hey man, i need advice. so i draw but ever since i was little kid there has always been a someone that was better than me. like they would prodigy level of drawing. my stuff has always looked some stupid doodle and just gets me so down and angry and i feel like i'll reach that level. i've given up so many times in the past. i just wish i had that drive but i don't. drawing feels like a chore. i want to do other creative stuff. i feel drawing is holding me back sometimes. i don't know. help?
I know the feeling. Growing up I always had people around me who I thought were doing much better work than I was capable of— my friends and my older brother. I don’t think I really liked most of what I drew until I was about 30. and by then I was onto the idea that it didn’t really matter.I’d figured out my own lane— I feel like the drawing has to be just something you do for you. It’s awesome to feel like you’re good at something but that’s all on the back end, it’s not why you should do it. Things get all messed up with the internet’s immediate gratification. When I was a kid I couldn’t show more than a couple people anything I did even if I wanted to.
and It’s totally ok to not draw and go after some other means of expression, everything is going to be hard—I think that ads some value to it but it doesn’t have to be a painful struggle.
I always say that my job isn’t really about drawing and writing as much as it’s about staying excited about drawing and writing. That’s the hard work.
I remember years ago, I had a job drawing porn comics and I had to get pages in to pay my rent. There’s that Tenacious D song that has the line “It doesn’t matter if it is good, It only matters if it rocks.” and as dumb as that is —it was like my mantra to enjoy the work and get over myself.
I dunno if that helps, it’s a struggle. Sometimes all I can do is rewatch the stuff that clicked with me most and spend all day looking over and redrawing panels from comics that got me excited about comics.
I have been wanting to assemble a huge post of some of the amazing women artists out there, because it seems like too often they get overlooked when it comes to being honored and recognized. This year, I was incredibly honored to be nominated for a Hugo award in the Best…
Nameless City looks cool. Hope to see some editions of it rolling out soon, so we can support it with our leafy greens!
Thank you! Sadly the first book in the Nameless City trilogy won’t be out until 2016. I KNOW so far from now! :( Buuut that’s how book publishers do it, lots of lead time. There are many reasons for this, and at one point First Second wrote a blog post about them, but I can’t seem to find it. Bah.
I drew Friends With Boys in 2010 and it was published in 2012. I’ll be drawing book 1 of The Nameless City over 2014, probably finishing toward the end of that year (I can’t start work on it until I finish Bigfoot Boy 3, which wraps up in January). So there’ll be about a year between the book being finished (late 2014) and it being published (early 2016). But hopefully you won’t have forgotten it by the time it comes out! (I’ll remind you. ;))
My apologies if you've mentioned this before, but your last post made me curious, what was your day job before you started doing comics full-time? Was that still when you were working in the animation industry, or...?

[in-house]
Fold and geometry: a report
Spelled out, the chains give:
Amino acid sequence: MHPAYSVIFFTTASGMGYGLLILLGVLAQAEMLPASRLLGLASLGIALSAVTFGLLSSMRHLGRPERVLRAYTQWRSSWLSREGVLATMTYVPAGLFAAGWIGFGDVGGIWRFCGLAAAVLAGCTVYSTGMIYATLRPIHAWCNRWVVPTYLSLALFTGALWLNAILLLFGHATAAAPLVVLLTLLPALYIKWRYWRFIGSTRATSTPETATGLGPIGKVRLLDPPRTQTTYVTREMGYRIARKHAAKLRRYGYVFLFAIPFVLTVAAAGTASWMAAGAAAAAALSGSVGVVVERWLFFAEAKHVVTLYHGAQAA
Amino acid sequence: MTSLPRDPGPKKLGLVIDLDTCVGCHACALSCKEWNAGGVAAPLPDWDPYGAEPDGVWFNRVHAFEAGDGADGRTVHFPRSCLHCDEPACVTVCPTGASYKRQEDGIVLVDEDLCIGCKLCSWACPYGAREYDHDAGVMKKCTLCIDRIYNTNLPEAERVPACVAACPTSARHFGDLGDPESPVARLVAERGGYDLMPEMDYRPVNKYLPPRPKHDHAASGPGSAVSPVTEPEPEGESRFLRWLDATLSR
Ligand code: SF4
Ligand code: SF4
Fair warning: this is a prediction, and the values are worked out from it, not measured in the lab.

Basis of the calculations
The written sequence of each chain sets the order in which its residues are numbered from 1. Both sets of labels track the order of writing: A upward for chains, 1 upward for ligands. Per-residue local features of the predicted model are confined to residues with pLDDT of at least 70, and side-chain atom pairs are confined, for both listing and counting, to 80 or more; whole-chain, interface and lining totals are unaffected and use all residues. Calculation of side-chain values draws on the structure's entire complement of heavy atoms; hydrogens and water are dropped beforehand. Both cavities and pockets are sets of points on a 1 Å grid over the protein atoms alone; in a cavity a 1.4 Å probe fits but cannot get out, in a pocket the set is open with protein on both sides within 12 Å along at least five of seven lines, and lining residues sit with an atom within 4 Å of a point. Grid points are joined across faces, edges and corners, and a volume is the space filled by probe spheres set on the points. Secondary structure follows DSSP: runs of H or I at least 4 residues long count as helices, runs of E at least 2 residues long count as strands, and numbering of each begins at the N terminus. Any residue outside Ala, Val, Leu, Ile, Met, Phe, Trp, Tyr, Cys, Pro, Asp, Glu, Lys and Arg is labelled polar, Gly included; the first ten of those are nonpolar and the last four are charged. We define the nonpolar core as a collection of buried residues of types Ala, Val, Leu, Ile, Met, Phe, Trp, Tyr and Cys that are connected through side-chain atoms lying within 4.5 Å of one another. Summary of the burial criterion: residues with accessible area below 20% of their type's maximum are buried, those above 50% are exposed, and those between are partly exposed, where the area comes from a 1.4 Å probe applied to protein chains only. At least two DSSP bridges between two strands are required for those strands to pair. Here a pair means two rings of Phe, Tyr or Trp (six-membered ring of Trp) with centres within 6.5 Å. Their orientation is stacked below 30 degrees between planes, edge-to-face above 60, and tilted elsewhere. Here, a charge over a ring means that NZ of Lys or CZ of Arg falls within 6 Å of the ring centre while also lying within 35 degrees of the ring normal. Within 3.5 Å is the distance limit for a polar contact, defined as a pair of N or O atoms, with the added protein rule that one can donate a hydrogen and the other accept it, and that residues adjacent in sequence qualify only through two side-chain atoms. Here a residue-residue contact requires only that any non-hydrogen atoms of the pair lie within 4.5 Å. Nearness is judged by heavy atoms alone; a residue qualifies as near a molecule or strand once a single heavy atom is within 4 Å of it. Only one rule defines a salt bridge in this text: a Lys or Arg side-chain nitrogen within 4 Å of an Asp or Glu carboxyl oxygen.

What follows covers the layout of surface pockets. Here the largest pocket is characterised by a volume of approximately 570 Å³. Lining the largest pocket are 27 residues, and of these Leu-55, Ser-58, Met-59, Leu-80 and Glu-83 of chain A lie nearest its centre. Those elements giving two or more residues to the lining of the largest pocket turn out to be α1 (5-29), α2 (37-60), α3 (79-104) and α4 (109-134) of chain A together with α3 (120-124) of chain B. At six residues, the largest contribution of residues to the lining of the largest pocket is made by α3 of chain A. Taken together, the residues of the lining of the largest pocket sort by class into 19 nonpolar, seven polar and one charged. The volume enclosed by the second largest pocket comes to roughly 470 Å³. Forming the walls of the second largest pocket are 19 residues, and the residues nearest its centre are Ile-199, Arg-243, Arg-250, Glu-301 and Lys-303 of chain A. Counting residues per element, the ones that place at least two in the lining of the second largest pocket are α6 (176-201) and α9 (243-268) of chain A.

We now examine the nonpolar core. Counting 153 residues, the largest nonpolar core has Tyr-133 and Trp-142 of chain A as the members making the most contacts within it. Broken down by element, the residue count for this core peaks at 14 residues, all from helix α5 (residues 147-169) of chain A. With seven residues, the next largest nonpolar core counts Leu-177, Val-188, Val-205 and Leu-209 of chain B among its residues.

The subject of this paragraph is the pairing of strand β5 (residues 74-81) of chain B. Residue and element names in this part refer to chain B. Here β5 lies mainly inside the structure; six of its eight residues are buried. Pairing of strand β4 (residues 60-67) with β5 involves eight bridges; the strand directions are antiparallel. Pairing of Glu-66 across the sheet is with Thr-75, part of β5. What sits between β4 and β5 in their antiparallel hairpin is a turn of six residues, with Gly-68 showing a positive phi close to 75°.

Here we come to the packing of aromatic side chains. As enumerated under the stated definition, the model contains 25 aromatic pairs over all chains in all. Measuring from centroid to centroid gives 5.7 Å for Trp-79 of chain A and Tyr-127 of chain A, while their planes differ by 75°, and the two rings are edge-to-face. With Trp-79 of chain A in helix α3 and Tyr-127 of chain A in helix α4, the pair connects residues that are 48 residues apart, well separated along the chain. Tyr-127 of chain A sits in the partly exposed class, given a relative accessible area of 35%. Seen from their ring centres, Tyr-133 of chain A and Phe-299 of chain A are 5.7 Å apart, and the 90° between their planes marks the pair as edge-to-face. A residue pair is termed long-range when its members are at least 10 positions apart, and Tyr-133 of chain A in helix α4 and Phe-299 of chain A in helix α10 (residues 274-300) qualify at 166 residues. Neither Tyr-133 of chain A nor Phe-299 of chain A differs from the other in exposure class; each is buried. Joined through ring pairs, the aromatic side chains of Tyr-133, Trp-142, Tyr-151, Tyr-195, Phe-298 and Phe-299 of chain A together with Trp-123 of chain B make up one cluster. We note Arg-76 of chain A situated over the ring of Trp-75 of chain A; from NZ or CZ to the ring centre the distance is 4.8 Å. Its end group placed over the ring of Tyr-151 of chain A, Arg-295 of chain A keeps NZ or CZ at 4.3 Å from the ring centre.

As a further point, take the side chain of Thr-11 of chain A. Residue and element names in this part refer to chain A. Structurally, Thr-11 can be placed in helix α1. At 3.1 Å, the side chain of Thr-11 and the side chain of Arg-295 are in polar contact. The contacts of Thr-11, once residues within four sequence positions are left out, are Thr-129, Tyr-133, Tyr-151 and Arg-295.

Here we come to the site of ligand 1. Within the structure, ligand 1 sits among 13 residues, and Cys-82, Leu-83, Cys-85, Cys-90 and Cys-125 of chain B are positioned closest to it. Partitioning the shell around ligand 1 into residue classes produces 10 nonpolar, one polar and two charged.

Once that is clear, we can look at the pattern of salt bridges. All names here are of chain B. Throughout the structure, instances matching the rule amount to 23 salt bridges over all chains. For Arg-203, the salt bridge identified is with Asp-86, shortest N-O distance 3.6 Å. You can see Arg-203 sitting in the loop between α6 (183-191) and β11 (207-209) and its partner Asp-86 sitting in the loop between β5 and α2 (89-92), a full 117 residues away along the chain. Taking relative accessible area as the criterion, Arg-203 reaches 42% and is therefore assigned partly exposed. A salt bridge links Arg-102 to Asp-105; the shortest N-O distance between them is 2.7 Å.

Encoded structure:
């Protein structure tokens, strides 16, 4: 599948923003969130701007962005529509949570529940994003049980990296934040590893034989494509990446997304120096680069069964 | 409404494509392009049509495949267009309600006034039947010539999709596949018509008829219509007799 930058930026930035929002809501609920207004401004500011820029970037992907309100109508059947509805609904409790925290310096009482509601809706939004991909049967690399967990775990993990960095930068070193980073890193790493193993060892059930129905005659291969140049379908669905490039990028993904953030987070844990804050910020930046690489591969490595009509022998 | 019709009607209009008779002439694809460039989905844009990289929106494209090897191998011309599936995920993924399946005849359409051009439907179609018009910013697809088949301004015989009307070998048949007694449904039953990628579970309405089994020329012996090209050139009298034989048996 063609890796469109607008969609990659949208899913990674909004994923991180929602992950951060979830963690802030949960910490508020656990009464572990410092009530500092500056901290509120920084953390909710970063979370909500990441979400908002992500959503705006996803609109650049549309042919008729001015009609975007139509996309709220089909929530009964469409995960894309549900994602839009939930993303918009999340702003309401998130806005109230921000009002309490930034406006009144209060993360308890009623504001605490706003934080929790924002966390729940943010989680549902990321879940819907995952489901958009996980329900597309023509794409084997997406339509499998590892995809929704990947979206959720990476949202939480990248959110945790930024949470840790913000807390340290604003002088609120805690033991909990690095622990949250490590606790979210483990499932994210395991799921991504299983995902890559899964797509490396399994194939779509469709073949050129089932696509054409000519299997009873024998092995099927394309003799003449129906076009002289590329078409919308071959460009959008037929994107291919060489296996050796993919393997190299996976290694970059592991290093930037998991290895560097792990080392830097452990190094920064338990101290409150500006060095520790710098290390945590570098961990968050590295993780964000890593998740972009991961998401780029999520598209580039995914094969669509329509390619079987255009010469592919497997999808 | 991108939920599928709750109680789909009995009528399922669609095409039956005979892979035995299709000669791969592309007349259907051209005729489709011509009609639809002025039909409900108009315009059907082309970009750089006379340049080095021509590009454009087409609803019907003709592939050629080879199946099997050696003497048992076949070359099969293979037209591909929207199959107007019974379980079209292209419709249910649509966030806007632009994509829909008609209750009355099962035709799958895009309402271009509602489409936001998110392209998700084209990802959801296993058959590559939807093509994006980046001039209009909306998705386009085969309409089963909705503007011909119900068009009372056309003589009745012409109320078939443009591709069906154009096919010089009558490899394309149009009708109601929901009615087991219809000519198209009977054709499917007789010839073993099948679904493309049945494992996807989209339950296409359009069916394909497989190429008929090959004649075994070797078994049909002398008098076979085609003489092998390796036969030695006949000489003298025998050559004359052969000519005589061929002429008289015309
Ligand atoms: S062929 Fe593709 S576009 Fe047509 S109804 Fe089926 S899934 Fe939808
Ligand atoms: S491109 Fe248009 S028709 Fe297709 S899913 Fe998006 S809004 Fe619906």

Oh, yeah, my career timeline is kind of weird. This is how it all happened:
1) I went to university for four years and drew comics for two of those years.
2) I graduated university and got into animation college because I really wanted to work in animation. I did Sheridan College’s 3 year classical animation program from 2001-2004. I was one of those teens who really really loved the ’90s Disney films and working in animation was my dream. I drew comics pretty much through most of my 3 years in animation school, although I had to stop when school got too crunchy. The nice thing about college is that you have a 4 month summer where you’re working some crappy menial job to pay for school, and that leaves a lot of time to draw comics. I worked at a golf course for most of my summers, from about 6am-1pm, so I had the whole afternoon to draw comics. I drew a lot during my college summers. :)
3) Then I graduated in 2004 and went in search of a career in animation. For many reasons, I did not succeed, and eventually failed out of animation in 2008. It’s something I still feel pretty bruised about, even though I have this awesome job in comics now. Working in animation was a big dream I had for many years, and coming to terms with my failure took a long time. And yeah, I drew comics all throughout my 4 years of animation.
I think the hardest thing about a career in the creative arts is finding your place. Finding a job where your skills are used in a way that is constructive, both for you as a creative individual, and for the company you work for. For some people that means working in a studio, for others it means being your own boss and building a self-publishing comic empire. For others it means working hand in hand with publishers. But the most important (and DIFFICULT!) thing I’ve found, is finding a way to turn your art skills into a career that is profitable, financially and creatively. And sometimes you don’t end up where you think you will. I failed out of an industry I thought was one of the more stable art industries (animation) and found a partnership with an industry notorious for paying very poorly (comics). It’s very strange, but I’m very grateful.